It seems that everyone plays fetch with their dog at one time or another. The home/play fetch often involves the dog bringing a toy and nudging or slamming it into you to signal it is time to play. Then the owner throws the toy, adding a "fetch" command, and encouraging the dog to bring it back. Sometimes this evolves into a game of keep-away, and at other times the dog will spit the toy a foot or two in front of owner, back away and bark or jump anxiously waiting the owner to fetch the toy himself and throw it again! In a home with children, the "drop it" becomes a favorite so that the dog spits the toy out rather than having kids try to pry it out of the dog's mouth.
Even if you have a pet dog, there are things you might consider changing in the above scenarios. If you have a working dog, your world is about to be rocked.
First, let's examine who is training whom? If your dog brings you a toy and insists that you play NOW and you do, he is a smart pooch and a darned good human-trainer! It truly is not a bad thing to have a dog who desires to interact with you. Don't get me wrong. We just want to tip the scales in favor of the handler on this one. You might consider keeping the favorite fetch toy in a place out of reach so that when the dog comes to you, you can add the cue "wanna play?" and go get the toy. If he has a toy in his mouth already, you might want to cue it and then ask for an obedience command, such as a sit. Now you have put the play on your terms. Once he complies with the sit, you can mark "yes" and reward with toy play.
What word to use? If you have a working dog, do not use your formal retrieve command for home play. Once we set about teaching the dog how to properly hold and retrieve toys or dumbbells, it has specific perameters. If we use the same word but allow the dog to take a victory lap, we are telling the dog this is the behavior we desire. Remember that behavior rewarded is more likely to be repeated. And this means, even if it is not our intention to create this connection... if taking a victory lap means the dog gets to play again or the handler makes a fun chase game, it is rewarded and will be repeated. And it will then be rather unfair when we ultimately correct the dog for doing exactly that later on.
Let me describe the game of fetch I played with my puppy, Ridley, today. She had a kong toy and wanted me to play, so I cued "wanna play" and held out my hand. If she dropped the toy I did not pick it up. She had to push the toy into my open hand as I sat on the couch. I then said "aus". Ridley does not know this as a command but quickly grasped that if she let go of the toy, I would mark it "yes" and throw it for her. Within only a few repetitions she got the idea. I did not tell her to fetch or bring(the formal command); instead, I said "get it, get it, get it!" ... the path it was thrown left her only an alley to run out to the door, get the toy and return. Running back, I am simply saying "good girl!!" Try not to do this in an area where the dog can go zipping around in endless circles. But you know, if they do, settle in and read the newspaper. No play with you until they bring it back to your hand.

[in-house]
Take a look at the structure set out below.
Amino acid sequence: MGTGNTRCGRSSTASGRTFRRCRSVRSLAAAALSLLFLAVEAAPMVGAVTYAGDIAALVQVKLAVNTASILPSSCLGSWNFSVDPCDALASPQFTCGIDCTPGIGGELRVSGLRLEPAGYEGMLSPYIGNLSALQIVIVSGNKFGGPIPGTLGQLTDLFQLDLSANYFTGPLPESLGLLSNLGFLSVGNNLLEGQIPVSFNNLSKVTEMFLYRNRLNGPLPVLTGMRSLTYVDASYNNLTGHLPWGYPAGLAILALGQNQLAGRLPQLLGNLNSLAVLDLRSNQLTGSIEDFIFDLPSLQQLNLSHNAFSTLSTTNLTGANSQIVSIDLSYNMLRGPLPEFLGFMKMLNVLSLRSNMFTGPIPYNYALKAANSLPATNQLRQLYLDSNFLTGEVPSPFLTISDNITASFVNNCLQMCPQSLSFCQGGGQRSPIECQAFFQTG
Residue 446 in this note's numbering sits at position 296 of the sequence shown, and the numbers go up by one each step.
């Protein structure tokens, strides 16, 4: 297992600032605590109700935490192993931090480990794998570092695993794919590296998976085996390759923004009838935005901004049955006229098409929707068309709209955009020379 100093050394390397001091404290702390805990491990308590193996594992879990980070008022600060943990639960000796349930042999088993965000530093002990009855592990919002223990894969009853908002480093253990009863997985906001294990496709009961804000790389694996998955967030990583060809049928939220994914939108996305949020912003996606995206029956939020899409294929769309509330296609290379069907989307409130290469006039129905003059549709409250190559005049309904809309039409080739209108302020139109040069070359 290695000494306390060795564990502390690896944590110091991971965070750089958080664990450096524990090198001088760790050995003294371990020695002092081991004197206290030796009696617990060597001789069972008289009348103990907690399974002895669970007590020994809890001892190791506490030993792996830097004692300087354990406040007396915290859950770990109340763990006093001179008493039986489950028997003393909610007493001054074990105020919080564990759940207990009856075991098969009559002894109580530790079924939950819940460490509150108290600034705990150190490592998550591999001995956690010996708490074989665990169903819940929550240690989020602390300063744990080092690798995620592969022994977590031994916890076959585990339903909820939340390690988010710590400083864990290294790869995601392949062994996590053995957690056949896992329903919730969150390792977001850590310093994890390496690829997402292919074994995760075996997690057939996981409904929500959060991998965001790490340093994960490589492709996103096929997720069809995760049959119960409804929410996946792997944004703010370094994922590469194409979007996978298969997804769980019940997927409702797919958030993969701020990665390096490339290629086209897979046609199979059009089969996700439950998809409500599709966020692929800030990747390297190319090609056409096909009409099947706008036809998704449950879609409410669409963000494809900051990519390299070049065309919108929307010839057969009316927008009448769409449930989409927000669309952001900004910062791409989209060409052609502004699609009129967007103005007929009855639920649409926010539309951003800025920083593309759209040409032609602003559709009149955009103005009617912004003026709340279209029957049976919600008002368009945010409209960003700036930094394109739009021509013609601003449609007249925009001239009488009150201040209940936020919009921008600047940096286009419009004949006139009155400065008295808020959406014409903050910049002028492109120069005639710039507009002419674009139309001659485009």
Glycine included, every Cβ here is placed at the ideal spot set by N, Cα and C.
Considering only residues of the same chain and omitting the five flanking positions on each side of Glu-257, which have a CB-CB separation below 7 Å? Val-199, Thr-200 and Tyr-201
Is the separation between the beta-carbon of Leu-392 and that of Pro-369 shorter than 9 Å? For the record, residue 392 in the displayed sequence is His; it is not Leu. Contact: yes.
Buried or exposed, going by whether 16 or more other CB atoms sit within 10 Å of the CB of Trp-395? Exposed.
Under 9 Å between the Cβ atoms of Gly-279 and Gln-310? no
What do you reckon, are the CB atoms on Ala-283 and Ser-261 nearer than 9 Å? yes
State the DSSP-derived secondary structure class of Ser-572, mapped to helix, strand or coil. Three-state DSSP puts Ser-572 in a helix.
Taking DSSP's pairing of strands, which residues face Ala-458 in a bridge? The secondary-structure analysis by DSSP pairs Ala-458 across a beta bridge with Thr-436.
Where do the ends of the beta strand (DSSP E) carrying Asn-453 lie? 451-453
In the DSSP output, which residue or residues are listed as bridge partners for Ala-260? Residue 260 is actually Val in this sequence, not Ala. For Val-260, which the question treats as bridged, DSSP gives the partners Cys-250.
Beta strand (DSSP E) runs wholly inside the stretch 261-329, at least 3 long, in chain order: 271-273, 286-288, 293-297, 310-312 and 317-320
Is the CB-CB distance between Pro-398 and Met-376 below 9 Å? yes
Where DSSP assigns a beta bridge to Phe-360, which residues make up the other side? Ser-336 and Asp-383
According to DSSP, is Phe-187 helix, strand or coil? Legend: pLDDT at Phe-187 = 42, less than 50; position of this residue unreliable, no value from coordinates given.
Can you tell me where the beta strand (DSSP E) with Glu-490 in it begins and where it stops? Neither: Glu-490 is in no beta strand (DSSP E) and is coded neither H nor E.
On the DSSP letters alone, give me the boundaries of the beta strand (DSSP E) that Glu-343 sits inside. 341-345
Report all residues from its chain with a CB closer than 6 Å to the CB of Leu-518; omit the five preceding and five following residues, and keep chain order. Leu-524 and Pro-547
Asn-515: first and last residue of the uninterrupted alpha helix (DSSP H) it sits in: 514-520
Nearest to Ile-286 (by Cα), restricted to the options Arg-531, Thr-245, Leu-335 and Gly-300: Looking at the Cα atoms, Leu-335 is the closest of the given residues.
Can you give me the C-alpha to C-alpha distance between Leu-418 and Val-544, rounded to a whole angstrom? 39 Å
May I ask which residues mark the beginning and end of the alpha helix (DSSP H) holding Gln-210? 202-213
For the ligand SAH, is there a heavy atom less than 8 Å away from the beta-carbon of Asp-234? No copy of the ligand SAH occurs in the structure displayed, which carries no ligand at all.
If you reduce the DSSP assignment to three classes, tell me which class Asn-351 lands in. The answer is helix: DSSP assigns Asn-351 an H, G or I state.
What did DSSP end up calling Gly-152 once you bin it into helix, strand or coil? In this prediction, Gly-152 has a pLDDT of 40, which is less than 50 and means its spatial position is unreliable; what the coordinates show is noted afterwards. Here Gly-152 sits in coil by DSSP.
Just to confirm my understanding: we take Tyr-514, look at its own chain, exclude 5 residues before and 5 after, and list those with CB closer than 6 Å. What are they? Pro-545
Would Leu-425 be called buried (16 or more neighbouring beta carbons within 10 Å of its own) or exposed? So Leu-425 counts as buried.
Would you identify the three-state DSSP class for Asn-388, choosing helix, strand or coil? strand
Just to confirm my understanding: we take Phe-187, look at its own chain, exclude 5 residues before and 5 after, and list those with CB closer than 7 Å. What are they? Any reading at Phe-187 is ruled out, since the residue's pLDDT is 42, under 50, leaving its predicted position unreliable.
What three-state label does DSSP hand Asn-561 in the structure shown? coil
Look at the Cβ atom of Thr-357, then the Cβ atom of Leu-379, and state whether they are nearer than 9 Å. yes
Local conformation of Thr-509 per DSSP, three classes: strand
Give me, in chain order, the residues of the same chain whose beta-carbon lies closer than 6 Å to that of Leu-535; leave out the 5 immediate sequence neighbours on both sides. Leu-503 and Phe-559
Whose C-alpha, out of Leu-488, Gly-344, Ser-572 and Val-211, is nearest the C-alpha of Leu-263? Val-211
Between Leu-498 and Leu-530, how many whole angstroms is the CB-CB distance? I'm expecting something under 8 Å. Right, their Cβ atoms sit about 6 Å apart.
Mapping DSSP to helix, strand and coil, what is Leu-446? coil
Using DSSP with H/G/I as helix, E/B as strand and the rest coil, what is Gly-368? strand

The most important part of this is that while Ridley was still supercharged and ready to play, I took the toy from her and said "All Done" and led her to her crate with a biscuit. When I am done with my training sessions, I like to let the dog know clearly that we are finished. The toy is removed and the game is over. And she gets some quiet crate time to relax. It separates the activity with me, from her free play.
For fun house fetch, don't use a dumbbell or toy similar to what you will be fetching in competition. Don't use a tug toy that you need to worry about working the grip and the out with, either. A rubber kong bone is nice. Kongs bounce unpredicatably and you do need to be careful about the dog twisting or running into things to catch it, so I am not a fan of throwing kongs outside. Something that lands flat is best.
If you throw a toy outside for fun, keep in mind that you want the dog to learn to come directly back to you so you a long line will be helpful and just as soon as the dog picks up the toy, you call the dog back to you with enthusiasm while moving back and away. Don't lean forward or reach out to take the toy from the dog. In competition the dog will need to come in close to the front position, so try not to create the habit of bending over and reaching out to take anything from the dog. This is somehwat more advanced than house-fetch, but something good to keep in mind. What we want to build at the point will likely transfer to throwing a tug toy and having the dog bring it back to us for tug play, but your puppy isn't there yet. You just need to keep the image of the finished product in front of you as you build the blocks of the foundation.
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